4 600/ Network Security Linux LKM Firewall 4 clean: make -C /lib/modules/$(shell uname -r)/build M=$(PWD) clean Once the module is built, you can use the following commands to load the module, list all installed modules, and remove the module: % sudo insmod mymod.ko (inserting a module) % lsmod (list all modules) % sudo rmmod mymod.ko (remove the module) 3.2 Interacting with your Loadable Kernel Module For your firewall, the packet filtering part is implemented in the kernel, but the policy setting is done at the userspace. We need a mechanism to pass the policy information from a userspace program to the kernel module. There are several ways to do this; a standard approach is to use the proc filesystem, typically mounted at /proc. Please read the article from linux/library/l-proc.html for detailed instructions. Once we set up a /proc file for our kernel module, we can use the standard write() and read() system calls to pass data to and from the kernel module. 3.3 A Simple Program that Uses Netfilter Using netfilter is quite straightforward. All we need to do is to hook our functions (in the kernel module) to the corresponding netfilter hooks. Here we show a example that drops all IP packets: #include <linux/module.h> #include <linux/kernel.h> #include <linux/netfilter.h> #include <linux/netfilter_ipv4.h> /* we choose a GPL license to refrain from tainting the kernel */ MODULE_LICENSE("GPL"); /* other module information */ MODULE_DESCRIPTION("Linux LKM Firewall"); MODULE_AUTHOR("Netsec Student"); /* netfilter struct used for registering a hook */ struct nf_hook_ops hook_options; /* our callback function for the netfilter hook */ unsigned int process_packet(unsigned int hooknum, struct sk_buff *skb, const struct net_device *in, const struct net_device *out, int (*okfn)(struct sk_buff *))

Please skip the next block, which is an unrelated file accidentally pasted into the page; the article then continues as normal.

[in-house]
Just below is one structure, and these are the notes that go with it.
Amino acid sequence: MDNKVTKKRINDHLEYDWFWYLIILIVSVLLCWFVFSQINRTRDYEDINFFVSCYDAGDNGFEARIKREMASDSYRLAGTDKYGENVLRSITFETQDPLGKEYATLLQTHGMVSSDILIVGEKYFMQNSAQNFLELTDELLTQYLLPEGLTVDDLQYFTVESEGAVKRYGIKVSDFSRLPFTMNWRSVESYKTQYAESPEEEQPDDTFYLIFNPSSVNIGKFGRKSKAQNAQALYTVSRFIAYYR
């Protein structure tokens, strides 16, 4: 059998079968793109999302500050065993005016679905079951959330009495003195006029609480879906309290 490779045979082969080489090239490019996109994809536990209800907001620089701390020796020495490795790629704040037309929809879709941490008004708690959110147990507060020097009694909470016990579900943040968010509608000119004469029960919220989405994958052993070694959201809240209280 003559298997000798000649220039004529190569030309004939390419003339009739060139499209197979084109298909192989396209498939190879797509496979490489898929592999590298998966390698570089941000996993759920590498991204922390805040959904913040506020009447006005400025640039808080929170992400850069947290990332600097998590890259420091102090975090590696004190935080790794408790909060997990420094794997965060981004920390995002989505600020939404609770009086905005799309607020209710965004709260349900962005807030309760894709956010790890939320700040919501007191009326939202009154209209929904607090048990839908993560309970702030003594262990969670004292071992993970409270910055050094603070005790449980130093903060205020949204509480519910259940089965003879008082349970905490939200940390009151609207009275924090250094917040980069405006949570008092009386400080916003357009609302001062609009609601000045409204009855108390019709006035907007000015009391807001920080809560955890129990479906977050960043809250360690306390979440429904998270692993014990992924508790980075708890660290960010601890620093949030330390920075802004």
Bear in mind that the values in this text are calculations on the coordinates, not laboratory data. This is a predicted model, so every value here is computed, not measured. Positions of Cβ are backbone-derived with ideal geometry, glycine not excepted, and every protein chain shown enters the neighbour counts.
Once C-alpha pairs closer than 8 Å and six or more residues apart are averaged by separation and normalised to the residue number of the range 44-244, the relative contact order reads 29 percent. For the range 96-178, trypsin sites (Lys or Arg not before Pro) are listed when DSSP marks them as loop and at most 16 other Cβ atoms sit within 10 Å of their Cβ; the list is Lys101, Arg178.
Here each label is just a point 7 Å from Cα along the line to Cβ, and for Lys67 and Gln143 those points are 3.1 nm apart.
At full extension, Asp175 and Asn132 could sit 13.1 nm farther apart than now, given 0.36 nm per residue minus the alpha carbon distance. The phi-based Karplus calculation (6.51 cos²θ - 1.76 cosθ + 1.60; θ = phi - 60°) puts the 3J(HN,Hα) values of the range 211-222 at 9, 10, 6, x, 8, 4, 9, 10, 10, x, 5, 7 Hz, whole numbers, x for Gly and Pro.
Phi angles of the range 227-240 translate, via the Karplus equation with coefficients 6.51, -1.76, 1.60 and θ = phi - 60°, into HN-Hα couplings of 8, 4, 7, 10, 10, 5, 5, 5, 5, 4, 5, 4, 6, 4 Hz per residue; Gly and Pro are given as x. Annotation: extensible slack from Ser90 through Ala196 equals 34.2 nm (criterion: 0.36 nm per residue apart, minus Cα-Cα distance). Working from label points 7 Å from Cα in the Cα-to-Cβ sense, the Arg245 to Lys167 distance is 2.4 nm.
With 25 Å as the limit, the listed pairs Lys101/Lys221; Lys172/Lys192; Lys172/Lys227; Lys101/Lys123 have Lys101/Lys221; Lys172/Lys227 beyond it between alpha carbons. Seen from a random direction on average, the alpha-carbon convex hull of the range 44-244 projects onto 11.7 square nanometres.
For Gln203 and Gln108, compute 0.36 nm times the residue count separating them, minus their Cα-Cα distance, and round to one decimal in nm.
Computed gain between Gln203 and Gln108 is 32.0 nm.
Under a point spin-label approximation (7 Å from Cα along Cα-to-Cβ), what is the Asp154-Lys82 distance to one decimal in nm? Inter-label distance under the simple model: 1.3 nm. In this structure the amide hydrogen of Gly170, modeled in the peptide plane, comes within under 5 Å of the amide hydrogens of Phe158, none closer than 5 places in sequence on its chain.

5 600/ Network Security Linux LKM Firewall 5 /* drop packet */ return NF_DROP; /* module initialization function */ int firewall_init(void) /* log message -- check for messages in /var/log/kern.log */ printk(kern_info "initializing firewall module!\n"); /* identify callback function for hook */ hook_options.hook = process_packet; /* indicate where to hook a packet in processing pipeline */ hook_options.hooknum = NF_INET_PRE_ROUTING; /* specify the protocol we want to hook */ hook_options.pf = PF_INET; /* set the priority of our hook */ hook_options.priority = NF_IP_PRI_FIRST; /* register hook with netfilter */ nf_register_hook(&hook_options); return(0); void firewall_exit(void) /* unregister hook with netfilter when removing module */ nf_unregister_hook(&hook_options); printk(kern_info "removing firewall module!\n"); /* identify callbacks for module initialization and removal */ module_init(firewall_init); module_exit(firewall_exit);